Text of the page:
The Scouts offer children and young adults an opportunity to enjoy exciting experiences, learn new skills and develop their team-working and leadership abilities.
Tagged with: UK
15 June 2016
Small Charity Week highlights the importance of small charities, the work that they do and their vital contribution to communities throughout the UK. This blog discusses the challenges and triumphs of these small charities in the current funding landscape from my newfound perspective as Grants Assistant at Pears Foundation.
Although I did not live under a rock whilst at University, and discussions around austerity had naturally become the basis of my Social Policy degree, until recently I had not realised just how severe an impact the cuts to public spending had been having on the voluntary sector.
Whilst keeping up to date with the news and changes within the sector, I had mainly been aware of the larger charities resilience, perhaps due to their ability to market themselves through the media, and as a result, had been fooled into thinking the whole voluntary sector was coping. Of course, once I entered the sector myself and began a career at Pears Foundation, I soon realised how ill-informed I had been.
Recent research commissioned by Lloyds Bank Foundation has found that small and medium- sized charities, with an income between £25,000 and £1m, have been hardest hit by cuts to funding of the voluntary sector since 2008. This research (disproving my originally naïve thoughts) has shown that there have been deep and long lasting effects due to the reductions in government funding on small charities.
The combination of cuts and changes to funding distribution for small charities is reflected in both the volatility of their finances, and in the sobering fact that more than 23,000 charities have closed since 2008. With statutory funding now shifted towards competitive commissioning and contracting, larger charities and private companies with more resources have come to dominate the market.
This funding landscape has fast become the ‘new normal’ for charities of all sizes but unfortunately, as research shows, the smaller charities have been the ones to lose out.
Despite survival tactics such as diversification of income streams, mergers and cuts to services, pressure has been continually rising for smaller community based charities as they are squeezed between austerity cuts and rising demand as more local authority services are being shut. A recent study by the Foundation for Social Improvement has found the increase in service demand is not showing signs of slowing down, with 60% of small charities reporting increase in demand from December 2015 to February 2016.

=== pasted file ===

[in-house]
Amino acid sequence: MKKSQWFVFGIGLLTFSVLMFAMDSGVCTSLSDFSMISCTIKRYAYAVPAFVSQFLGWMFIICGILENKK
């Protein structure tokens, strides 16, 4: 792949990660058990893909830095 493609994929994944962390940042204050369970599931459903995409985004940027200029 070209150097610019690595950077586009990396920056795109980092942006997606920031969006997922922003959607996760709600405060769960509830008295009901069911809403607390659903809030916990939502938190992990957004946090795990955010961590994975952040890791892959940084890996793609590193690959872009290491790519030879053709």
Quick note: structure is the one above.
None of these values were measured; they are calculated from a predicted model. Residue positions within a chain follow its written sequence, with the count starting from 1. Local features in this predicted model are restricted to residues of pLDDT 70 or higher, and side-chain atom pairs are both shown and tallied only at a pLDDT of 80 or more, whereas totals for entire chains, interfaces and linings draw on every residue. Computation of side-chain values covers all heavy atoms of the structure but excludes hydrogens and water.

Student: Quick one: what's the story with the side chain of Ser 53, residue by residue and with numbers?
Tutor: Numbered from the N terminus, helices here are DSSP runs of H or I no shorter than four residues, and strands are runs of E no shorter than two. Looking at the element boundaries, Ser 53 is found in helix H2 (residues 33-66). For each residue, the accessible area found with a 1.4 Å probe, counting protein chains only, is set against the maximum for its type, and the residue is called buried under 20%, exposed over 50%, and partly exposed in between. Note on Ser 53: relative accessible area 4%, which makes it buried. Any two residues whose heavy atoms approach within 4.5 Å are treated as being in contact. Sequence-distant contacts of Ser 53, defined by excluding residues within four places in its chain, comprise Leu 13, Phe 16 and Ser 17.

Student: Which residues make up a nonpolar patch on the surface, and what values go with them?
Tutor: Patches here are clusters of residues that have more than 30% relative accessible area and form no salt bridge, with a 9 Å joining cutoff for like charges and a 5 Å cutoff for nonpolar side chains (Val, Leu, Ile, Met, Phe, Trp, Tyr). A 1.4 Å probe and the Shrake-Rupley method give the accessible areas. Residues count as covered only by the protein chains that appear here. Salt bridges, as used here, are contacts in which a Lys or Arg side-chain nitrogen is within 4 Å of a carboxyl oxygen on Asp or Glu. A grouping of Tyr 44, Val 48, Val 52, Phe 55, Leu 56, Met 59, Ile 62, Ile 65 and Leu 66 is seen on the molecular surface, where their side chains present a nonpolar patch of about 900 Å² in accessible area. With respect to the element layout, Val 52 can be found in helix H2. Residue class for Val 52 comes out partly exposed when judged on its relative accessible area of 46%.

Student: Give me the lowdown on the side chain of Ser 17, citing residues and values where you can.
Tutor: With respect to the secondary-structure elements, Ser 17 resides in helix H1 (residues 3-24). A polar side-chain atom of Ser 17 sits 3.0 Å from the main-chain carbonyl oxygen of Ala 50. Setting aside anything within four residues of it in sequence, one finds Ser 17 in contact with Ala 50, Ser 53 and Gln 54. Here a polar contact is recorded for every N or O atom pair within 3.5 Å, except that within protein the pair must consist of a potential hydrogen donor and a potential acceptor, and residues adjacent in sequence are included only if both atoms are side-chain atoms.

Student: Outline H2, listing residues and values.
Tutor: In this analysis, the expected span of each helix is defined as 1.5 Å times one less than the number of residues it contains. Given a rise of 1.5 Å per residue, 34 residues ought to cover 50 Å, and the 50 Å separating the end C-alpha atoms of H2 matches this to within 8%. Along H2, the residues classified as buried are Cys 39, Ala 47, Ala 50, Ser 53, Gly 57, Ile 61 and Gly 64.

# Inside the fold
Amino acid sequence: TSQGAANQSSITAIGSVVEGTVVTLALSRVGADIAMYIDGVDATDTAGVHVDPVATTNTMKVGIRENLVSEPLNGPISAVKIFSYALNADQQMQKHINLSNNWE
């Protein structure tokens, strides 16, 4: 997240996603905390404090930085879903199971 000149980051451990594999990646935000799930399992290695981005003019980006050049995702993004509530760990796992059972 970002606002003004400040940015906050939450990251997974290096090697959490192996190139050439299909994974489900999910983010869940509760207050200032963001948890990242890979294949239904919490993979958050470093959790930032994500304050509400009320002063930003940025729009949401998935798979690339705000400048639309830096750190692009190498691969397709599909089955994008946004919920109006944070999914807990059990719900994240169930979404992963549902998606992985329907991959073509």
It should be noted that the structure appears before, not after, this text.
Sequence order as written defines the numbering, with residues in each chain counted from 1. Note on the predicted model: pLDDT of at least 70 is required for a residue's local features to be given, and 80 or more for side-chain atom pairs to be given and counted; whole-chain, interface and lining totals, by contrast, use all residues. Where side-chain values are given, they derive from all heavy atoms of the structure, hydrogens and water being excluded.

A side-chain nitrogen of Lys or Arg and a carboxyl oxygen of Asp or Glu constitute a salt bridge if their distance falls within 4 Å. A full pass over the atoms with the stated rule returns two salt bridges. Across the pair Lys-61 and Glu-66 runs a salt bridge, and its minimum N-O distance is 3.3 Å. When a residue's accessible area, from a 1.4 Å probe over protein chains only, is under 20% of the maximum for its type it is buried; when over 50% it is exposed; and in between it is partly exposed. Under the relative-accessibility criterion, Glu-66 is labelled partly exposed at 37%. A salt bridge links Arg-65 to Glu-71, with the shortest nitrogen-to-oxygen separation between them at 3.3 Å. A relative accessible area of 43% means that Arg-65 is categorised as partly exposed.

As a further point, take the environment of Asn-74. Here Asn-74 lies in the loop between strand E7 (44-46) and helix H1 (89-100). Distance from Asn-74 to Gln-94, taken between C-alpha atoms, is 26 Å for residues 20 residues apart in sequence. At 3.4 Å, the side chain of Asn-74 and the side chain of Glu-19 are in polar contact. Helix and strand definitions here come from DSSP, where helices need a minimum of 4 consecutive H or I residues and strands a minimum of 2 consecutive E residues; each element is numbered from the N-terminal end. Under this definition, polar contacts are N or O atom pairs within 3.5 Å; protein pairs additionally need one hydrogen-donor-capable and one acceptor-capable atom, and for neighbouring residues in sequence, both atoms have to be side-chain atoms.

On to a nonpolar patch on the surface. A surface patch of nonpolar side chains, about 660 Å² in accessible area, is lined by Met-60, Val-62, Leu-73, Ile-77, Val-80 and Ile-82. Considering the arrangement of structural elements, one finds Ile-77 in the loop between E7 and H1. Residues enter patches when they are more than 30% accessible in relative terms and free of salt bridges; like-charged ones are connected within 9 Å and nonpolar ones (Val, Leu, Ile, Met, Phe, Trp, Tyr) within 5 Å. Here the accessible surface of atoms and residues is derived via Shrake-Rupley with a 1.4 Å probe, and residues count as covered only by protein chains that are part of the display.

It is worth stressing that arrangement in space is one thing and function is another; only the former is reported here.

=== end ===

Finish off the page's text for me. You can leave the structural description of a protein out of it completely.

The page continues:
Unfortunately, our ‘new normal’ is disadvantaging these charities that make up 97% of the sector.
Here at Pears Foundation, we often provide unrestricted core funding for our partners. Not only does this help our grantees to cope with increasing service demand, but it provides smaller charities with a little extra freedom in their budgets. As a flexible funder, Pears gives charities the breathing space they need to build capacity and adapt to the funding landscape.
Pears Foundation is also proud to support charities such as Cranfield Trust and the Association of Chairs that, as well as being small charities are in their own right, are organisations committed to helping and supporting smaller charities to adapt and grow. They help to build capacity by providing much needed expertise, professional volunteers and support for charity chairs to effectively manage their boards.
Pears also supports small charities through the Foundation’s flagship project JHub.This residency programme for small start up charities supports the professional development and access to opportunities for its residents through seminars and organisation development consultancy .
Although partnerships with smaller charities can involve more time, support and advice in comparison to larger organisations, these locally based organisations that are closely connected to their service users are invaluable to their communities. Through their size and locality, these charities have the ability to be responsive and flexible to local needs getting to grips with the most intractable problems people face, all whilst operating in a highly challenging external environment.
As it is Small Charity Week I think this should not only be a time to reflect on the great work these charities are doing, but also a time to celebrate what they have achieved within the challenging funding landscape. I believe that in order to ensure that the figure of 23,000 small charities closing down does not continue to increase, we as a sector must continue to champion and support these charities so that they can continue the vital work that they do.